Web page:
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One of the great mysteries of the brain, which has puzzled all-time students of brain form and function is the contralateral organization of the forebrain, and the crossings of its major afferent and efferent connections. As a novel explanation, two recent studies have proposed that the rostral part of the head, including the forebrain, is rotated by 180 degrees with respect to the rest of the body (de Lussanet and Osse, 2012, Animal Biology 62, 193–216; Kinsbourne, 2013, Neuropsychology 27, 511–515). Kinsbourne proposes one 180-degree turn while we consider the 180 degrees being the result of two 90-degree turns in opposite directions. We discuss the similarities and differences between the two hypotheses.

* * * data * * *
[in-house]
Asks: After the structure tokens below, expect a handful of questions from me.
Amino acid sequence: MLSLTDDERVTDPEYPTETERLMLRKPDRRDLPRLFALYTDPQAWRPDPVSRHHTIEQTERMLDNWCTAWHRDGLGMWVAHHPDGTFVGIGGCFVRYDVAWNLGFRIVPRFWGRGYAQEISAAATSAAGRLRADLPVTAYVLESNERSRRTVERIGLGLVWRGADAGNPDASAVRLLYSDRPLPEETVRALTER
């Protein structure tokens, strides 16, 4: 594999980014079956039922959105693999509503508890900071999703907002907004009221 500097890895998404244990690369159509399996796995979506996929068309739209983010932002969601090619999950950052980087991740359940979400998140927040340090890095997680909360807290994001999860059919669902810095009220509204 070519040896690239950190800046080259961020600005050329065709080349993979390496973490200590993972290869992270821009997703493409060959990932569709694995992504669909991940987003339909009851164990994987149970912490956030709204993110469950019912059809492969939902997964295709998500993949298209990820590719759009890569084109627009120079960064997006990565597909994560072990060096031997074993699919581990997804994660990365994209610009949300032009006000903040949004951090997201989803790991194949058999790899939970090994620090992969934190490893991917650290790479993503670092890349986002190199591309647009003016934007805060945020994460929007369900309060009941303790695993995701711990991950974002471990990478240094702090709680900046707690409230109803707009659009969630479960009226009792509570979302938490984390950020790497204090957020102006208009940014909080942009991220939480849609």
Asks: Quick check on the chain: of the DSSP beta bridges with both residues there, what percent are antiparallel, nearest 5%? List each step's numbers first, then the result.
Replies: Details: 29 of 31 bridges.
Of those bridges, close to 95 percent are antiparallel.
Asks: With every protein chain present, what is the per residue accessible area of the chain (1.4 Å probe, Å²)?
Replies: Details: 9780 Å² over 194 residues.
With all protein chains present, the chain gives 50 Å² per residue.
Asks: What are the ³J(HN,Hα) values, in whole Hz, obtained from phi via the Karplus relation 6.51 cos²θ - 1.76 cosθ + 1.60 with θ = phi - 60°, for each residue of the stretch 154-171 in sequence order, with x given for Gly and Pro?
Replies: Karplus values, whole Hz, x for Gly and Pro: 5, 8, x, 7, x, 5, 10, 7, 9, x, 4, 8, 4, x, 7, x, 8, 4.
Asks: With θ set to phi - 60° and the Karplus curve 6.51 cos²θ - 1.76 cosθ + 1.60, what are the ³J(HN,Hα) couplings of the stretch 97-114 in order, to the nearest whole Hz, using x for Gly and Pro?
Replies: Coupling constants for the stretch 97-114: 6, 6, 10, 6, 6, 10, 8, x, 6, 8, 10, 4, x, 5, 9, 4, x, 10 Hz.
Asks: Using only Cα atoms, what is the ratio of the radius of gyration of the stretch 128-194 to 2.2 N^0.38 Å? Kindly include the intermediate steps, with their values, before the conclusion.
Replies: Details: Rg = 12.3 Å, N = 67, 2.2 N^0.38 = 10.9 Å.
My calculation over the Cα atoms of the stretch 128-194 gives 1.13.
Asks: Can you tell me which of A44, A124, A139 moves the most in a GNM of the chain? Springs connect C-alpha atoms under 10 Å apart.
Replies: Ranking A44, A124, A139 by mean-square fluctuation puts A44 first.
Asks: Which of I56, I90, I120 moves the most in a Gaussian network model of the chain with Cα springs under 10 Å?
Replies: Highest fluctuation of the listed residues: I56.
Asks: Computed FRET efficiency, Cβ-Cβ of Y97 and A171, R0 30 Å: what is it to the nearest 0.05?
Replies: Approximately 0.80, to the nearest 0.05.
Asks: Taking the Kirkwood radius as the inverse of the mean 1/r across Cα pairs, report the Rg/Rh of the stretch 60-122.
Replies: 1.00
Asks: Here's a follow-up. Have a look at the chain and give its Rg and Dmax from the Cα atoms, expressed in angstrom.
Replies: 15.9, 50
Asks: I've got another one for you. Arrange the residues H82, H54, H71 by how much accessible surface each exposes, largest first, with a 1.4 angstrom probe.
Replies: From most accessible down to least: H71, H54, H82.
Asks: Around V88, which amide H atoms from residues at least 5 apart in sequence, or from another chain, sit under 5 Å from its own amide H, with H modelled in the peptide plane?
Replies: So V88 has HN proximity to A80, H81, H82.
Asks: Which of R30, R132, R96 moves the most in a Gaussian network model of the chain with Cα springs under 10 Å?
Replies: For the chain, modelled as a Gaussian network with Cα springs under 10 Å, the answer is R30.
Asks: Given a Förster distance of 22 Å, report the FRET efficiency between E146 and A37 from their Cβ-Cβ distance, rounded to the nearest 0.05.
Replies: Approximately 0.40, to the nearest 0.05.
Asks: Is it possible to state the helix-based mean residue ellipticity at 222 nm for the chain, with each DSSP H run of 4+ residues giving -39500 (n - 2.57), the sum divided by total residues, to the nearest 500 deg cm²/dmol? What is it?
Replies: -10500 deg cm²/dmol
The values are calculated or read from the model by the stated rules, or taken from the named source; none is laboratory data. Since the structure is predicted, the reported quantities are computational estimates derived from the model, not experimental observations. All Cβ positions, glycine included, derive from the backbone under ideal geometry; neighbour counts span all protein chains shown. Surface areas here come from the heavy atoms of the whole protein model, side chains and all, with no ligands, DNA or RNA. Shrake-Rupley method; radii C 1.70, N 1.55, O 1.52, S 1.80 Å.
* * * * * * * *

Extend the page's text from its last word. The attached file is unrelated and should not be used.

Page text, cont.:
This is the final version as published in Neuropsychology, with the issue and page numbers included.